Hormonal treatment options include topical (i.e. in transdermal patches, gels etc.) testosterone or estrogen therapies used off-label. A number of clinical trials in HSDD patients, mostly with testosterone-containing drugs, have taken place in recent years. The only hormonal treatment marketed for HSDD was the P&G drug Intrinsa, which was approved by the European Medicines Agency (EMA) for the treatment of HSDD in women who have had an oophorectomy (the surgical removal of an ovary or ovaries) and receiving hormone replacement therapy. Intrinsa was withdrawn from the EU market in 2010 due to commercial reasons. The safety profile of Intrinsa was typical for testosterone-containing drugs and included the following common side effects (seen in more than 1 patient in 10): hirsutism (increased hair growth, especially on the chin and upper lip) and reactions at the site of application of the patch (redness and itching). 

Other off-label treatment approaches include the prescription of antidepressant medications, such as atypical antidepressant bupropion (Wellbutrin). This approach is more common in secondary HSDD due to selective serotonin reuptake inhibitors (SSRIs) intake. Bupropion, as well as other antidepressants, are not approved by the FDA and EMA for treatment of female sexual dysfunctions, and there is lack of evidence regarding their effectiveness. Side effects of antidepressant medications vary, depending on the individual mechanism of action and the individual characteristics of each drug, but common side effects include nausea, insomnia, dizziness, pharyngitis, abdominal pain, agitation, anxiety, tremor, palpitation, sweating, tinnitus, myalgia, anorexia, urinary frequency, rash, and nervousness.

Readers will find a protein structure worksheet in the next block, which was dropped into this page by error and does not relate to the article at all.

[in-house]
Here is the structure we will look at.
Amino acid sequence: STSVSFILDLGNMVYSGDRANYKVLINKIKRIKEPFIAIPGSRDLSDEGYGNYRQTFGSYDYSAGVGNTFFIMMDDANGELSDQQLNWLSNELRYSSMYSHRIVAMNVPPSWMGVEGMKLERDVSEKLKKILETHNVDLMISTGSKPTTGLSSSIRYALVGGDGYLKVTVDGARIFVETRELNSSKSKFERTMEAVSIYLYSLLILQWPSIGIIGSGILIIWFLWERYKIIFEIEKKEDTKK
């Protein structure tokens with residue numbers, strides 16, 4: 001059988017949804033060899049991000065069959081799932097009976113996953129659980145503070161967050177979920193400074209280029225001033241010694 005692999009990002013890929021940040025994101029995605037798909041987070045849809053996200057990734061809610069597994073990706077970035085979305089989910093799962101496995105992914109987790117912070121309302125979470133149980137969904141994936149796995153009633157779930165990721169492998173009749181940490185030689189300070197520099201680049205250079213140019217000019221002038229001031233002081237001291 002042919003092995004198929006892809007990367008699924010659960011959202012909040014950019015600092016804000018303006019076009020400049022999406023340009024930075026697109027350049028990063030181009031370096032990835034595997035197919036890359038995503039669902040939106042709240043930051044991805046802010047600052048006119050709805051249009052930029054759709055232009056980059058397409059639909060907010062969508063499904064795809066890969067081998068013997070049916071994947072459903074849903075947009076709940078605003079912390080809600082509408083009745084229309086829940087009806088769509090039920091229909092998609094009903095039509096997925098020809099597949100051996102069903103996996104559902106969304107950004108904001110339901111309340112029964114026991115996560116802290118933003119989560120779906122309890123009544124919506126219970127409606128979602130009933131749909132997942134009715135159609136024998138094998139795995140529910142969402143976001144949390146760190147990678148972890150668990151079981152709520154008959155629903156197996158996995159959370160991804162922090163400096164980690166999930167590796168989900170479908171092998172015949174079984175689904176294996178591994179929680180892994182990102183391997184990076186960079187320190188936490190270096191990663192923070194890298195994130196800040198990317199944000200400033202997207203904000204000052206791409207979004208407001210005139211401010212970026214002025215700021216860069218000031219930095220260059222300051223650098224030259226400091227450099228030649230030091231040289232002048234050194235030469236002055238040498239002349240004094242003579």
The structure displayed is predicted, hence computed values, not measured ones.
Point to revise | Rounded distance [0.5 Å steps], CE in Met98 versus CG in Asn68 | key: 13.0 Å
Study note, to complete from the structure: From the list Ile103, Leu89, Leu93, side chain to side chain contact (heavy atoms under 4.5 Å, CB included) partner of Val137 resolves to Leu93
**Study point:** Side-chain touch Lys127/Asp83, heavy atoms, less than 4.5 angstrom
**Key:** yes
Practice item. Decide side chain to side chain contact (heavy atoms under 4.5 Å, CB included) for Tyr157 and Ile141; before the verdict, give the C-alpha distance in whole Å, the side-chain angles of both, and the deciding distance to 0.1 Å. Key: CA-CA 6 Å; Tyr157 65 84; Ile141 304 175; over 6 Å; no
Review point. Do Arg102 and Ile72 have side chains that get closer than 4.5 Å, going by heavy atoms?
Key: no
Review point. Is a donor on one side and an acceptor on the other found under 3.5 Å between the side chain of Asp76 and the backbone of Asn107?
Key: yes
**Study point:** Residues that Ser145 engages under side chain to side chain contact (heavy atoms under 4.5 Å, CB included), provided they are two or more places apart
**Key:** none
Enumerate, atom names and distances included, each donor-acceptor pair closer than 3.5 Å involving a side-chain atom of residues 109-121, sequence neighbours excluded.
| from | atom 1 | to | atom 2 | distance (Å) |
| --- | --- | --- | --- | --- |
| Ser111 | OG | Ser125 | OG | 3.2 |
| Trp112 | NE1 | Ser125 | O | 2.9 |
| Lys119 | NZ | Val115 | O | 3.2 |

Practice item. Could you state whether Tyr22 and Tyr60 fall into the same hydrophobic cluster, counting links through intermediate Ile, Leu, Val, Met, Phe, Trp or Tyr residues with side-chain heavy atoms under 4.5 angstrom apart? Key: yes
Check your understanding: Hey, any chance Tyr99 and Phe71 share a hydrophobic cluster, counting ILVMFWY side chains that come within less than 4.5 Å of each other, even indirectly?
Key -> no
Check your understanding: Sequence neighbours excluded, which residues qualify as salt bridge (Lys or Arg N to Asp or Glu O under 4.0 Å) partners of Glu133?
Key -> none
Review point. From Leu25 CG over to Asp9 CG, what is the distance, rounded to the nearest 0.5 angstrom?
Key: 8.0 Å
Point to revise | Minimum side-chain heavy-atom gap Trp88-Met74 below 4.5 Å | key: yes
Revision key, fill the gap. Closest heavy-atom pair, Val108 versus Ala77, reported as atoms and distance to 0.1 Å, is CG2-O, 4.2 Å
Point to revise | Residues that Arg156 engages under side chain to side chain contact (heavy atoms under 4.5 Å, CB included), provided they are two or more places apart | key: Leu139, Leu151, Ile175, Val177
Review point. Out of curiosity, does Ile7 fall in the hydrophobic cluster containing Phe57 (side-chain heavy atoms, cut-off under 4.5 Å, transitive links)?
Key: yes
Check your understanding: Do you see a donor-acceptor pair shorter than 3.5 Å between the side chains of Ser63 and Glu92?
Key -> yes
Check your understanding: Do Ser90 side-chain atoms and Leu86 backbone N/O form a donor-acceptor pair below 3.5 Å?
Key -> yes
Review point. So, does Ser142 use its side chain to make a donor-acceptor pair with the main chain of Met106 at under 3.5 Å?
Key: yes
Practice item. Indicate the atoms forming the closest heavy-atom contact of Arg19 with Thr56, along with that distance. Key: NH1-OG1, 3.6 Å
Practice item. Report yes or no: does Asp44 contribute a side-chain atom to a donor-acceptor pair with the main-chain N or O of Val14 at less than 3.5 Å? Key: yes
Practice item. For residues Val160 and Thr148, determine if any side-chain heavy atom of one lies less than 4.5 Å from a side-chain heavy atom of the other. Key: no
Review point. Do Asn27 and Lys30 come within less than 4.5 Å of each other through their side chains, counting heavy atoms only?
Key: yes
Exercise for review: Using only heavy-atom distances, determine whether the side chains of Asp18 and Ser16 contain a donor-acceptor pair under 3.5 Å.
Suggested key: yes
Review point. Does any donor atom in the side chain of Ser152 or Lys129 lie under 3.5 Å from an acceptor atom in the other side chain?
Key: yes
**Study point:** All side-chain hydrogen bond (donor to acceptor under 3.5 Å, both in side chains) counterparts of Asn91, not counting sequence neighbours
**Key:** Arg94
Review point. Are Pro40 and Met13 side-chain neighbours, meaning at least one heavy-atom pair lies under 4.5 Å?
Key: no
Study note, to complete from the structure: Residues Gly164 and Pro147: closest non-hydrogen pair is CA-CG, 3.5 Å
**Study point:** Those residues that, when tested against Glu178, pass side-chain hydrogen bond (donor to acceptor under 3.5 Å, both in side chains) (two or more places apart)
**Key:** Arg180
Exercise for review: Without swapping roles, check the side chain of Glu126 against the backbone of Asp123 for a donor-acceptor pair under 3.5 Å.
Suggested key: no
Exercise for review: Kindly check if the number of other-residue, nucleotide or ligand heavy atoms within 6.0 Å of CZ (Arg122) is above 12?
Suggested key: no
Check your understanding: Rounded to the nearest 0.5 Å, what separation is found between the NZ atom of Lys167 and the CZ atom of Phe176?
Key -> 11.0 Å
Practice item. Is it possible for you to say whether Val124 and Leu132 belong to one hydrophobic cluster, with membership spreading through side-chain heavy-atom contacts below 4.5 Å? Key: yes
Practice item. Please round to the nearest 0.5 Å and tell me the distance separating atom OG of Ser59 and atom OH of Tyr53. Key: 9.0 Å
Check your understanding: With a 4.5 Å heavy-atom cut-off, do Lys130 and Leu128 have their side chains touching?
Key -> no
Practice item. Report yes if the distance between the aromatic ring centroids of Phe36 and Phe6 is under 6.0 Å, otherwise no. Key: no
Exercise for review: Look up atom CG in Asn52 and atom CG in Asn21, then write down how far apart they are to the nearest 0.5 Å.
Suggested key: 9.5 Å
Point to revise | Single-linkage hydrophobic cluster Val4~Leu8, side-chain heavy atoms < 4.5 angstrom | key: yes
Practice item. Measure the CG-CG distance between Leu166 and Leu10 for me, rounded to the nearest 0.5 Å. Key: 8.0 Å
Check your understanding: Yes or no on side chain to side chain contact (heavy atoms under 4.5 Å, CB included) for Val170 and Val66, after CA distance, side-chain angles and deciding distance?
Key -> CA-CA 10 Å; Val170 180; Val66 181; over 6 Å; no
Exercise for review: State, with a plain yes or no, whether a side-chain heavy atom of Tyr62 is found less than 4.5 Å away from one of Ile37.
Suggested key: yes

Only one pharmaceutical treatment, Addyi (flibanserin, antidepressant with selective action at serotonin 5-HT receptors), is marketed in the US for HSDD. Flibanserin efficacy in large US-based clinical studies was statistically significant over placebo, but demonstrated concomitant safety problems, such as risk of severe hypotension and syncope when taken together with alcohol or even Addyi alone, or Central Nervous System (CNS) depression (e.g., somnolence, sedation) with Addyi alone. Other common side effects included dizziness, somnolence, nausea, fatigue, insomnia, and dry mouth. In October 2015, Valeant Pharmaceticals acquired Sprout Pharmaceuticals, the producer of Addyi, for an aggregate purchase price of $1.45 billion, which included cash plus contingent consideration. Subsequently, in December 2017, Valeant completed the sale of Sprout to a buyer affiliated with certain former shareholders of Sprout, in exchange for a 6% royalty on global sales of Addyi beginning June 2019. Valeant noted that the sale of Sprout provided it with the opportunity to divest a business that was not core to its objectives, while also allowing it to resolve an ongoing legal matter between it and former shareholders of Sprout relating to compliance with certain contractual terms of the 2015 acquisition agreement with respect to the use of certain diligent efforts by Valeant to develop and commercialize Addyi.